“Pedophile”, the instant we hear this word a lot of references from the media come up and we have this image of a ‘monster’ who has committed a crime of child sexual abuse. However, this use of the term pedophilia is in fact wrong. Pedophilia is a clinical term, and not the description of a criminal profile. In fact, many people who have pedophilia never commit a crime against children, and in turn, many people who sexually abuse children are not even pedophilic. Let us clear this up for you:How experts define pedophilia (and hebephilia)The medical coding system of the World Health Organization (WHO) defines pedophilia as a “sexual preference for children”. More specifically, pedophilia describes the sexual attraction towards the body scheme of prepubescent children who are in the stage before pubertal development – for instance, they have no pubic hair, and in case of girls no developed breast. Researchers estimate that approximately one in 100 men experiences sexual attraction towards children.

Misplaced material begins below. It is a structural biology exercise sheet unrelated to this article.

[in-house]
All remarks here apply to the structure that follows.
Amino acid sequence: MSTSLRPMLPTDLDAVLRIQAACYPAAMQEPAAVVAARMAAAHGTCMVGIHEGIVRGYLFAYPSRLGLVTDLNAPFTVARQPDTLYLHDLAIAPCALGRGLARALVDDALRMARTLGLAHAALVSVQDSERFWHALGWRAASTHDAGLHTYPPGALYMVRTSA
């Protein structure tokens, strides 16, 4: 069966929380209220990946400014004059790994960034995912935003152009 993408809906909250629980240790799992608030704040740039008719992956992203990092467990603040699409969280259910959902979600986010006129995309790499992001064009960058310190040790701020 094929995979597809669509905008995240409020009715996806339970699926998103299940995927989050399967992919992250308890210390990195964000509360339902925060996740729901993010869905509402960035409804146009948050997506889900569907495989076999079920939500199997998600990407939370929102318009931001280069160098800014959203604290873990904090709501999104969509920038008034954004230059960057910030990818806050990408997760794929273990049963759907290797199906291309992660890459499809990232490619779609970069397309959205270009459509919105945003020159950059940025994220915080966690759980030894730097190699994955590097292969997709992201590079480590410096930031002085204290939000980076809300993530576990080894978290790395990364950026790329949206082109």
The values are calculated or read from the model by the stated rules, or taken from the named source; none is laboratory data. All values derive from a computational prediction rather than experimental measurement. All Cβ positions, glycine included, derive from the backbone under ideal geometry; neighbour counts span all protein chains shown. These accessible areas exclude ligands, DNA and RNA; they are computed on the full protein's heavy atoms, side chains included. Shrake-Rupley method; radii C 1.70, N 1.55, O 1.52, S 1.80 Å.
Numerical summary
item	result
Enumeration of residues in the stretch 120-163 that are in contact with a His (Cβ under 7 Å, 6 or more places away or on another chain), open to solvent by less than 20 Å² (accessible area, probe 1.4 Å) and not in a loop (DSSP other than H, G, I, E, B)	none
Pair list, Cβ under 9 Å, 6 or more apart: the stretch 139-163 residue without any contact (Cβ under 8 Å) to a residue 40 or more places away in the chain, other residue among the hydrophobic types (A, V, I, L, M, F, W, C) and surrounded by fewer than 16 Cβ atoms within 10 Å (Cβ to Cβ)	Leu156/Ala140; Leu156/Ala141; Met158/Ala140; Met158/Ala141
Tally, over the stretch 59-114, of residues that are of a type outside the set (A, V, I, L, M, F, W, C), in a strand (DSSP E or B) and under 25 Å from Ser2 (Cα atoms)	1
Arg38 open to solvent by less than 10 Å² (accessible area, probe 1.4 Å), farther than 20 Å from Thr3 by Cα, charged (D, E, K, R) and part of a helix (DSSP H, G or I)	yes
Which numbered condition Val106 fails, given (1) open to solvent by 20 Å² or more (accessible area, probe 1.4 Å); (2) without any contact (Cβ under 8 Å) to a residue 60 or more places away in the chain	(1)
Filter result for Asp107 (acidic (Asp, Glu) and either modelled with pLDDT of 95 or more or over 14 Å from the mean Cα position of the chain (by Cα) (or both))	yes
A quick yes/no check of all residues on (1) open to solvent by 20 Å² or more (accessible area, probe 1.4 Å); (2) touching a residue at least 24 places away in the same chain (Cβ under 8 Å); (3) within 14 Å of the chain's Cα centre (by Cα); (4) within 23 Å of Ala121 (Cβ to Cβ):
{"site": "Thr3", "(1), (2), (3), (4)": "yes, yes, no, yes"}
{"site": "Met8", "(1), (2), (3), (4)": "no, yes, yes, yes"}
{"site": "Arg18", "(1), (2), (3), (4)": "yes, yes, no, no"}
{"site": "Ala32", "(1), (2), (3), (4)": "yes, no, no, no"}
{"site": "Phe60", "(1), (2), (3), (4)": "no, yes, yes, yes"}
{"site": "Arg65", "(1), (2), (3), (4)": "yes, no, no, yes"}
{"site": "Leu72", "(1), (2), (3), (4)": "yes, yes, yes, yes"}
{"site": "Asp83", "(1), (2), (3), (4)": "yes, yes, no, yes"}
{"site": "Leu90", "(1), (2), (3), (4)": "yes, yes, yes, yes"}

Pedophilia is just one type of sexual preference that is associated with minors, another term that is completely new for most people is ‘’hebephilia”. Hebephilia describes a sexual attraction towards children who are at the beginning of their pubertal development, hence hebephilia is a sexual interest in the body scheme of early-pubescent children, who show signs of pubertal development like the onset of pubic hair and breast development.Pedophilia and hebephilia are aspects of the sexual preference, which manifest during puberty, and which is – and this is important – not chosen by the person and not changeable. One could say that pedophilia and hebephilia are rather a result of fate than of choice.Understanding that one is sexually attracted towards children can cause intense distressMany people with pedophilia/hebephilia first notice their sexual attraction towards children and/or young adolescents when they themselves are teenagers. Discovering that one rather feels sexually attracted towards younger kids and not towards his peers, unlike others his age can be a quite disturbing experience for the teenager. The societal stigma attached to pedophilia – namely that people with pedophilia are monsters and should be locked in jail even if they have never touched a child in their lives – adds to feelings of shame and self-hate. Also relieving distress by talking to friends or family about one`s sorrow is most of the times not an option for someone with pedophilia – too big is the fear to be judged or even hated than helped.For people with pedophilia, these increased distress levels and feeling of isolation can actually be a risk factor for impulsive behaviours and sexually acting out against children. Hence, psychotherapeutic treatment can help to interrupt this vicious cycle.Treatment can help people with pedophilia to lead an offense-free and satisfying life“I somehow always knew that I need help – but for the longest time I did not dare to talk to anyone about this issue – the taboo around it was just too big”, describes the participant of a treatment programme for people with pedophilia and hebephilia in Germany. Another says: “Since the beginning [of the treatment] it had a really relieving effect to be able to talk openly about this tabooed topic without being rejected or judged for my sexual preference.” Accepting one`s pedophilia/hebephilia is the first and a crucial step in the treatment: only when one accepts that their sexual preference for pre-and/or early-pubescent-children is both unchangeable as well as persisting, a person will be able to understand for example what their personal risk situations are and how to tackle with their sexual impulses in a way that no child gets hurt. Treatment also helps to cope with stress in a healthy way so that participants do not fall back on using masturbation or sexualized behavior to deal with negative feelings. Sometimes medical treatment which can drastically reduce one`s libido can also be an option – of course only if the concerned person wants this medical option. Treatment for people with pedophilia and/or hebephilia not only aims at preventing child sexual abuse but also to prevent the use of child sexual abuse images (so-called “child pornography”). The production and consumption of child sexual abuse images are a rapidly growing problem worldwide and a considerable number of people with pedophilia and hebephilia turn to watching child sexual abuse images. Children are being exploited in one or the other way, let it be to produce these images or be it the mere act of accessing the content reinforces this abuse cycle. Hence, refraining from the usage of child sexual abuse images is often a treatment goal in therapy.Pedophilia is a disorder, not a crimePedophilia describes the sexual attraction towards prepubescent children, and hebephilia describes the sexual attraction towards early-pubescent children. Pedophilic or Hebephilic sexual preference is not criminal by nature neither are people with pedophilia or hebephilia destined to abuse. Psychological and even medical treatment can support people to deal with their sexual interest in children in a way that they can live fulfilling lives and not act out against children, neither in real life or online by watching child sexual abuse images.________________________________________________________________If you feel sexually attracted to children and/or young adolescents, you can find free and confidential help online: troubled-desire.com.________________________________________________________________References to research articlesDombert, B., Schmidt, A. F., Banse, R., Briken, P., Hoyer, J., Neutze, J., & Osterheider, M. (2016). How common is males’ self-reported sexual interest in prepubescent children? The Journal of Sex Research, 53(2), 214–223. https://doi.org/10.1080/00224499.2015.1020108Jahnke, S. (2018). The Stigma of Pedophilia: Clinical and Forensic Implications. European Psychologist, 23(2), 144–153. https://doi.org/10.1027/1016-9040/a000325Seto, M. C. (2008). Pedophilia and sexual offending against children: Theory, assessment, and intervention. Washington, DC: American Psychological Association.